1862 – Jefferson Davis is inaugurated as President of the Confederate States of American for a six-year term. Too bad for him the Confederacy didn’t last much more than three.

I also assisted in getting Darwin and Wallace to cooperate in announcing evolution together

I also assisted in getting Darwin and Wallace to cooperate in announcing evolution together

1875 – Charles Lyell dies at age 77. Don’t recognize the name? You should. This is the man who made the case that geological processes proved the Earth was millions of years old. Without him, Charles Darwin probably wouldn’t have been able to come up with the theory of evolution. (Ironically, Lyell himself never fully accepted Darwin’s theory.) Queen Victoria made Lyell a baronet, and probably thought she was honoring him, but no title could give him more honor than his role as a man of science.

1921 – A rogue anti-Boshevik Russian military leader of Baltic German descent restores a Buddhist religious figure to the throne of Outer Mongolia. Truth is stranger than Game of Thrones.

1924 – Calvin Coolidge becomes the first President to make a radio broadcast from the White House. Legends that John Cage was inspired by this event are not true.

1980 – Just as Saint Peter flooded the Dutch coast, God takes a hand this time to give the United States Olympic hockey team a victory over the Soviets, the “Miracle on Ice.”

I was so famous I became a taxidermist's project (Credit: Wikipedia/Mike Pennington)

I was so famous I became a taxidermist’s project
(Credit: Wikipedia/Mike Pennington)

1983 – The play “Moose Murders” opens and closes on Broadway. One would like to think that PETA (People for the Ethical Treatment of Animals) was responsible for the closing, though its non-existent equivalent, PETH (People for the Ethical Treatment of Humans) would have had a stronger case.

1997 – Scottish scientists announce the cloning of a sheep named Dolly. Scotland . . . sheep . . . why am I not surprised?

Historical fiction on TV: “Vikings”

“Vikings” protagonist, Ragnar Lothbrok

To catch up on how popular culture represents Vikings (and no, Marvel movies featuring Thor don’t count . . . well, they shouldn’t), I sat down the last few weeks to watch the History Channel’s show Vikings, first broadcast in 2013, and now scheduled for a fourth season. I was able to get hold of only the first season on DVD, so that’s mostly what I’ll talk about here. Bottom line, if you want to skip the rest of the review: so-so entertainment, so-so history, but useful for all that, and the series does have its moments.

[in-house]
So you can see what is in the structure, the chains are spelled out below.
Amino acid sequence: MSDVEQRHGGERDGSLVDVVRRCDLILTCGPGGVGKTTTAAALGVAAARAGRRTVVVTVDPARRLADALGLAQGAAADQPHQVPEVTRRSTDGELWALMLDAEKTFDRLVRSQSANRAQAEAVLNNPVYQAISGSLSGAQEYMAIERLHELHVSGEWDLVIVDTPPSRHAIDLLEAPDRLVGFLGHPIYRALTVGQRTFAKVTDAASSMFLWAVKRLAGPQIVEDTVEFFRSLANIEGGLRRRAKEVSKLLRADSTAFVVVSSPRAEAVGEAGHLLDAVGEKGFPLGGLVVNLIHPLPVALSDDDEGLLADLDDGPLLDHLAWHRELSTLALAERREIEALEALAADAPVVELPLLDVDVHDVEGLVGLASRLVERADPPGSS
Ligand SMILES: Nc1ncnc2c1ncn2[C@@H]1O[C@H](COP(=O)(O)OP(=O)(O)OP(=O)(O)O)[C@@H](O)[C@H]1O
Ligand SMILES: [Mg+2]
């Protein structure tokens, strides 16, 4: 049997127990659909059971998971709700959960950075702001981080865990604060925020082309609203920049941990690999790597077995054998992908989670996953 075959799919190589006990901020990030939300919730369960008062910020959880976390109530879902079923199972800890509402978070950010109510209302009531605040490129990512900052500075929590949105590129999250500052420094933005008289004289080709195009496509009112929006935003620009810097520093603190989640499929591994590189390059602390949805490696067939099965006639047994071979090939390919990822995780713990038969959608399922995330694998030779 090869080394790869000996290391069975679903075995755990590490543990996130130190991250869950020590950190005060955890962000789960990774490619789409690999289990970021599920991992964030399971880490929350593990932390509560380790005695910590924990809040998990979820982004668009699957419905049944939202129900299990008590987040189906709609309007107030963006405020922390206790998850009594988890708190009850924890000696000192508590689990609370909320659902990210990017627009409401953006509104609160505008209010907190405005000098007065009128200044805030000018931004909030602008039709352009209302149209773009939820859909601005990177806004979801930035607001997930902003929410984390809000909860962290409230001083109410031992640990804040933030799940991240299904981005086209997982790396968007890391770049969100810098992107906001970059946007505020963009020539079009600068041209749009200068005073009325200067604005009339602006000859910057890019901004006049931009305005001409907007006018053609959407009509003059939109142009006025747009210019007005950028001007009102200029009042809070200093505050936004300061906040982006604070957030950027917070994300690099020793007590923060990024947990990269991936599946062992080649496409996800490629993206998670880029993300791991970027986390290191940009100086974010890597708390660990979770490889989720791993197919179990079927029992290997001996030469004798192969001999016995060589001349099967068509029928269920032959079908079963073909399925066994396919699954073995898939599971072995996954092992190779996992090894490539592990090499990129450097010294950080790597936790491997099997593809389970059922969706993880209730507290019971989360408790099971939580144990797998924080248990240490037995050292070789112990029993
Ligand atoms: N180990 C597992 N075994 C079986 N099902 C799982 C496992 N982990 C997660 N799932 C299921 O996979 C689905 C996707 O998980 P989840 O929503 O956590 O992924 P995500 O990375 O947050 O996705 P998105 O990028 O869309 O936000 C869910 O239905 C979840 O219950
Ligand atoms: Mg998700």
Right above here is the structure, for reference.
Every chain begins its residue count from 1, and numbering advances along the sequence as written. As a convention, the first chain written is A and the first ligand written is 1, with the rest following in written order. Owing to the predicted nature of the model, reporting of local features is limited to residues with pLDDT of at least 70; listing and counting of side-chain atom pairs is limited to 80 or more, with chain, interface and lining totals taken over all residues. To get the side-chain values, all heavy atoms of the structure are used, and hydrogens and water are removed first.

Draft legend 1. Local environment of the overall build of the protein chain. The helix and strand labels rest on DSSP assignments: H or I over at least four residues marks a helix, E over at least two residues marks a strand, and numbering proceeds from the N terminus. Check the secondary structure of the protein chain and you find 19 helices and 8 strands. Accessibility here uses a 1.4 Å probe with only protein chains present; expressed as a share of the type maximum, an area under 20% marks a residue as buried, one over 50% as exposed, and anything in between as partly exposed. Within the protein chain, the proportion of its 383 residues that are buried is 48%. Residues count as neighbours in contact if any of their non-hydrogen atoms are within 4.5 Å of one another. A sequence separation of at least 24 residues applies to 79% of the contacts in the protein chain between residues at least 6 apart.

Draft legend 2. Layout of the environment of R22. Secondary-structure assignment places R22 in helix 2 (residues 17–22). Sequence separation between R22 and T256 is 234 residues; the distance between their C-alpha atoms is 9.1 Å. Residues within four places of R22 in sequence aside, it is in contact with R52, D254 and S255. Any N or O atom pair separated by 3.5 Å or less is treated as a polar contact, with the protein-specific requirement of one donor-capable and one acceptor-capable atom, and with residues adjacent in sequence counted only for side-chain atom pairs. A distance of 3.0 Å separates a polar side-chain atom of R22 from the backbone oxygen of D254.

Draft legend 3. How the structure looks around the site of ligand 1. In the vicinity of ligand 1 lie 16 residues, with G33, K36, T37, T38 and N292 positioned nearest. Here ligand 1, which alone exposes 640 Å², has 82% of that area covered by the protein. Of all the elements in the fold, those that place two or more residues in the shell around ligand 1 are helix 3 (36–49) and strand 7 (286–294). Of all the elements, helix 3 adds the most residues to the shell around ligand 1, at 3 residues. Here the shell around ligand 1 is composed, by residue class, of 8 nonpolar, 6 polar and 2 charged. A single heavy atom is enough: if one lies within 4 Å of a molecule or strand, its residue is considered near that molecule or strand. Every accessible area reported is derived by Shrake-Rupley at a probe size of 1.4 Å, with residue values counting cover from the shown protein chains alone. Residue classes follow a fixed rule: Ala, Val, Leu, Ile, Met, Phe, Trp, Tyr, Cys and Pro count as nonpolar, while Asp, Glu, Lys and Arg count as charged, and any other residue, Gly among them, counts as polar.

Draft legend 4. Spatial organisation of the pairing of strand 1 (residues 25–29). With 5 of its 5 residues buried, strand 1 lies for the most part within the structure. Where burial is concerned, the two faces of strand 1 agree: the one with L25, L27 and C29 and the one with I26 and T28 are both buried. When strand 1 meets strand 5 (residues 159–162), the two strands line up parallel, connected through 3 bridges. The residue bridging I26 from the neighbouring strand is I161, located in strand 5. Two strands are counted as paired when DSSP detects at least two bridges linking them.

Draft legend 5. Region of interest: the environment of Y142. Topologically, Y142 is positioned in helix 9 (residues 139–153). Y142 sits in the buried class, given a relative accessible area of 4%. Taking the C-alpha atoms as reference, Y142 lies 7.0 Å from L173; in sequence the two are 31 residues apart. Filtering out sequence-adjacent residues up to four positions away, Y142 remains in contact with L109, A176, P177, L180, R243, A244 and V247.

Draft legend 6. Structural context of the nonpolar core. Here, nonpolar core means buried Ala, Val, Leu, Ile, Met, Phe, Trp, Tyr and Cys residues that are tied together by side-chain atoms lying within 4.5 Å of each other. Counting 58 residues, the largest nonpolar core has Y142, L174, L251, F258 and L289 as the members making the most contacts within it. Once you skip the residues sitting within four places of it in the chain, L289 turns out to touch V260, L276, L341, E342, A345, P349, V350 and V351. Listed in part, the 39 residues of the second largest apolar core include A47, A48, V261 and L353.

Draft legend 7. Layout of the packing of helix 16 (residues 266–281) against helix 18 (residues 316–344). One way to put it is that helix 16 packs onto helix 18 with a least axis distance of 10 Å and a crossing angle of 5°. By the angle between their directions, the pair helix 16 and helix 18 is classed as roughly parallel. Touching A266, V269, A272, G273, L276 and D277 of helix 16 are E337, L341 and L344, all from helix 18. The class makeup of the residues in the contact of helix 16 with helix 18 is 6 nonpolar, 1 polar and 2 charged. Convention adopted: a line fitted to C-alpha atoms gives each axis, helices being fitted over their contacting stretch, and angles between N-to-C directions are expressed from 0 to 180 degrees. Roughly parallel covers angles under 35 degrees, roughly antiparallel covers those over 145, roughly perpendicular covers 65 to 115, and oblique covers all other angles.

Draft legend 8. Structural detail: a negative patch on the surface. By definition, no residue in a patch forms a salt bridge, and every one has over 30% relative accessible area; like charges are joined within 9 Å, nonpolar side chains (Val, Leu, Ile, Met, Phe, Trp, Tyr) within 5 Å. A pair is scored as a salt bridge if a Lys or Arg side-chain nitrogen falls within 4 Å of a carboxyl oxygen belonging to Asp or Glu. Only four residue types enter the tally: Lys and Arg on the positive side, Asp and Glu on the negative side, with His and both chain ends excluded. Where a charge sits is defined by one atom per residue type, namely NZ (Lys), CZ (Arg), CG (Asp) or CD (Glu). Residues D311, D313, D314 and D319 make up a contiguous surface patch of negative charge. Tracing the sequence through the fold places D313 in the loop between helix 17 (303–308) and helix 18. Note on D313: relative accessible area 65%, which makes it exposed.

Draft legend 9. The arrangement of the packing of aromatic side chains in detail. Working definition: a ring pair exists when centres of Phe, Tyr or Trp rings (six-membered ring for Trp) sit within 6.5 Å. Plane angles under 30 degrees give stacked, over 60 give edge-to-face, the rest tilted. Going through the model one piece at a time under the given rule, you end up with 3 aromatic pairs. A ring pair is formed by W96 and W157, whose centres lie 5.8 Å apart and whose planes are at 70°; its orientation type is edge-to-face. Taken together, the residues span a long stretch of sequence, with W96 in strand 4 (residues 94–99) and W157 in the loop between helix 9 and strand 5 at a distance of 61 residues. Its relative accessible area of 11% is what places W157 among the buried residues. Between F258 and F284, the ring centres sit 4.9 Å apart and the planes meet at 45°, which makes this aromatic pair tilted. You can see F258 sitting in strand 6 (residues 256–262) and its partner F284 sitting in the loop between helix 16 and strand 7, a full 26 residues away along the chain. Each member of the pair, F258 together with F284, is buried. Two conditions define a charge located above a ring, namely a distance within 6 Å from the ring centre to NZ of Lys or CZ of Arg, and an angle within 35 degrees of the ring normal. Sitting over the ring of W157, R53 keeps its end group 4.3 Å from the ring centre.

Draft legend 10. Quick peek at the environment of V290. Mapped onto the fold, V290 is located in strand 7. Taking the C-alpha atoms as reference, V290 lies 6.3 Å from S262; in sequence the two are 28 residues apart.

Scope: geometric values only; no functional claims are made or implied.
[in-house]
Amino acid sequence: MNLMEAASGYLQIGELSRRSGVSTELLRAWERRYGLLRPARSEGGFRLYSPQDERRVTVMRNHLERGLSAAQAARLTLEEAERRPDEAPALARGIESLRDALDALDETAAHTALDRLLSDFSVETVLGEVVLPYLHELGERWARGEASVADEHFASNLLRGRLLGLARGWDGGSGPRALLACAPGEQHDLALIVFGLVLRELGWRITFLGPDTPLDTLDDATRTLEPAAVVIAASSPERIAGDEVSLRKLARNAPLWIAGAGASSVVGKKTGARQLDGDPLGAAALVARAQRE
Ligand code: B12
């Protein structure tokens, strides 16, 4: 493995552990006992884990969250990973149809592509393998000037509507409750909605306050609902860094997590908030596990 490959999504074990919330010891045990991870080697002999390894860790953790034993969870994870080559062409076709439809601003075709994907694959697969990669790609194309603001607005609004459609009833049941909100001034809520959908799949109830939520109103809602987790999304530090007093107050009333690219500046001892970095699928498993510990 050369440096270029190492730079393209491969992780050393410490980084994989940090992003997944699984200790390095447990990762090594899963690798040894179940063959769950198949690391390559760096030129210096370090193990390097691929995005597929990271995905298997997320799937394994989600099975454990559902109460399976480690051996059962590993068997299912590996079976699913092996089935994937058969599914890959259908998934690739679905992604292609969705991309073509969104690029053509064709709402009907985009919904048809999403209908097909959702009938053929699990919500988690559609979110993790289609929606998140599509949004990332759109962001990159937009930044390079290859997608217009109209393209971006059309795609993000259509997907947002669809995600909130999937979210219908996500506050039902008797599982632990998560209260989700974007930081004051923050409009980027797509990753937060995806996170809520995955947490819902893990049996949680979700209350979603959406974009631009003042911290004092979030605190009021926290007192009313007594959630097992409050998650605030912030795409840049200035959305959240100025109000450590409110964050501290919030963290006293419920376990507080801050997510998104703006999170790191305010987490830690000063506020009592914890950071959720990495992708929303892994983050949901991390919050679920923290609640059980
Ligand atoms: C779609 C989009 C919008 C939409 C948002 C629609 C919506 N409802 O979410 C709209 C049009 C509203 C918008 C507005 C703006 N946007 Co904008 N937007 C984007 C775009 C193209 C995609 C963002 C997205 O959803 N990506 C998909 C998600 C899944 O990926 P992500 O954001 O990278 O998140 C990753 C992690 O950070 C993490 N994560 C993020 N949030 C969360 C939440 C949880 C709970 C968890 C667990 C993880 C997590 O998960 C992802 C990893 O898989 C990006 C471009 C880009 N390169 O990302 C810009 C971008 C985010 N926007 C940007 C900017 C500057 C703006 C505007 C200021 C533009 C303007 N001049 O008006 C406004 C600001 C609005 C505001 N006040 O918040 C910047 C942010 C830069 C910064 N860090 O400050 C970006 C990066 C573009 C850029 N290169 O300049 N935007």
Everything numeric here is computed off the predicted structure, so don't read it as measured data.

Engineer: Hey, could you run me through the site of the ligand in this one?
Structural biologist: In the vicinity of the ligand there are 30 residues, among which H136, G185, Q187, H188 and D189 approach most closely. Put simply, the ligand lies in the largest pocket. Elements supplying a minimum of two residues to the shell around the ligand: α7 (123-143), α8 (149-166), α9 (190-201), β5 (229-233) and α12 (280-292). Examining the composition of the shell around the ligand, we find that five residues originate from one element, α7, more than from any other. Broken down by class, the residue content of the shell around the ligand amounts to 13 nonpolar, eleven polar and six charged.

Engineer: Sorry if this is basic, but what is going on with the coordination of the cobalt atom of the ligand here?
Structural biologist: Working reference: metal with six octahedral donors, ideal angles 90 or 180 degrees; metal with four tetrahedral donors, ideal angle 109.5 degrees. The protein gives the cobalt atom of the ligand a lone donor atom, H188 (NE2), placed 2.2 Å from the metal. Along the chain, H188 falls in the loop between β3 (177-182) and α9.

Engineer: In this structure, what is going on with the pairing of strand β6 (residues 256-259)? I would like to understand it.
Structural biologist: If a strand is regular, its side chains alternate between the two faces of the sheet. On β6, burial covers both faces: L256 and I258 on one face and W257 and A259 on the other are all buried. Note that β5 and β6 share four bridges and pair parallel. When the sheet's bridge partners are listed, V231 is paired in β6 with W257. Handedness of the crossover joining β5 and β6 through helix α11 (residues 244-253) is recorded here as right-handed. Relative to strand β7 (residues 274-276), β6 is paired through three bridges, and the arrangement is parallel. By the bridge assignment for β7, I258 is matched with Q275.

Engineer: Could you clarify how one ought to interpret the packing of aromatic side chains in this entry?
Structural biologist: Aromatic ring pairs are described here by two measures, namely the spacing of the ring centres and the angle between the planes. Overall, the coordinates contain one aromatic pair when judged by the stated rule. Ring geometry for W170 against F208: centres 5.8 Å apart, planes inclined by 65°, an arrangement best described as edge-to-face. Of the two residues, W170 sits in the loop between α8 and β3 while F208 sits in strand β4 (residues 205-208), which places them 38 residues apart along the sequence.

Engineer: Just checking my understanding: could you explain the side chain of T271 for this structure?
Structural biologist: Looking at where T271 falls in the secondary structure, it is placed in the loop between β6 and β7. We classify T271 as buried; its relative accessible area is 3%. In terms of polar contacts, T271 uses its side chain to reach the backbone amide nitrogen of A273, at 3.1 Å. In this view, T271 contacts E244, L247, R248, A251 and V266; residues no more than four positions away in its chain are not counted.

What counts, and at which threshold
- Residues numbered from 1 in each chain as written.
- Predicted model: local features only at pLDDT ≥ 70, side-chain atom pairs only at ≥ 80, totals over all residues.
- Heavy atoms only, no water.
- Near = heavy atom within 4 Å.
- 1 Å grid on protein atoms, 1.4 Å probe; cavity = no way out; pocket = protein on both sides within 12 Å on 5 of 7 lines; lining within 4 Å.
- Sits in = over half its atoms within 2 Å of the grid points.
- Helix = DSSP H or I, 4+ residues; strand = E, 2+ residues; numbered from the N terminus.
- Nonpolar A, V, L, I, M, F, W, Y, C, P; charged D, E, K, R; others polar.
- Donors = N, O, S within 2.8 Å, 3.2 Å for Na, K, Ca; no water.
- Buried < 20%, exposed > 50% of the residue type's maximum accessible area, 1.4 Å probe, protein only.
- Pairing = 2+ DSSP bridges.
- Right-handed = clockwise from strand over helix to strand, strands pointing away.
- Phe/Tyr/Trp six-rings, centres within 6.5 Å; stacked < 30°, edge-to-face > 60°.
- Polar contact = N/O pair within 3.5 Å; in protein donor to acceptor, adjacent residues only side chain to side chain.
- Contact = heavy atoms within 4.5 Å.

The History Channel has had some dubious times, having swung from the “Hitler channel” due to the prevalence of World War II features, to exploring the fringes of the alien UFO theories. My expectations for this series were appropriately low. And right from the first episode, there were historical howlers. Was I really supposed to believe that the Norsemen had never sailed west before? Or that they stumbled on Lindisfarne monastery simply by chance? I won’t even get into the outfits, which one historian described as more appropriate for a leather fetish bar in the 1980s. Why is it that historical dramas about rough men love leather so much? Okay, stupid question.

And then there’s the pacing. One can see the struggle between Ragnar and Earl Haraldson shaping up from the get-go, but it takes six episodes to come to a climax. Doesn’t sound so long? The Earl’s been killing Ragnar’s allies dishonorably since episode 2. The show wants us to think Ragnar is some wise, far-sighted man, and Travis Fimmel, the actor who plays him, can sometimes make me believe, but he’s a pussy for putting up with friends and family being killed as long as he does.

I should be putting a picture of Rollo here, but I don't care about him. Instead, here's the improbable warrior Lagertha, who's also Ragnar's first wife

I should be putting a picture of Rollo here, but I don’t care about him. Instead, here’s the improbable warrior Lagertha, who’s also Ragnar’s first wife

A large part of the problem is TV’s tendency to turn historical dramas into soap operas. I first noticed this in the HBO series Rome, which should have been called Desperate Roman Housewives. The producers of these series think that the way to hold our attention is to drag every major character into labyrinthine plots. For example, Ragnar’s brother Rollo is simultaneously envious of his brother, carrying a torch for his brother’s wife, considering betraying his brother to whichever powerful man offers him a deal, bedding Earl Haraldson’s widow, and banging anything else in a skirt that he can reach. It’s all supposed to create dramatic tension and develop Rollo’s character. But it’s all so unreal in its relentless complexity that I end up not caring about Rollo at all. In fact, by the time I finished watching the first season, he was just “the irritant who’s supposed to make Ragnar’s life more complicated.” And the same could be said for many another character.

And yet . . . in between the de rigueur battle scenes and the plot complications, the characters do actually get some chances to develop. Ragnar’s pseudo-wise silences don’t impress me, but his battle smarts in setting up battles to favor his side do. His romance with a woman other than his wife and his son’s unfavorable reaction to this don’t move me, but Ragnar’s way of dealing with his son’s disapproval does.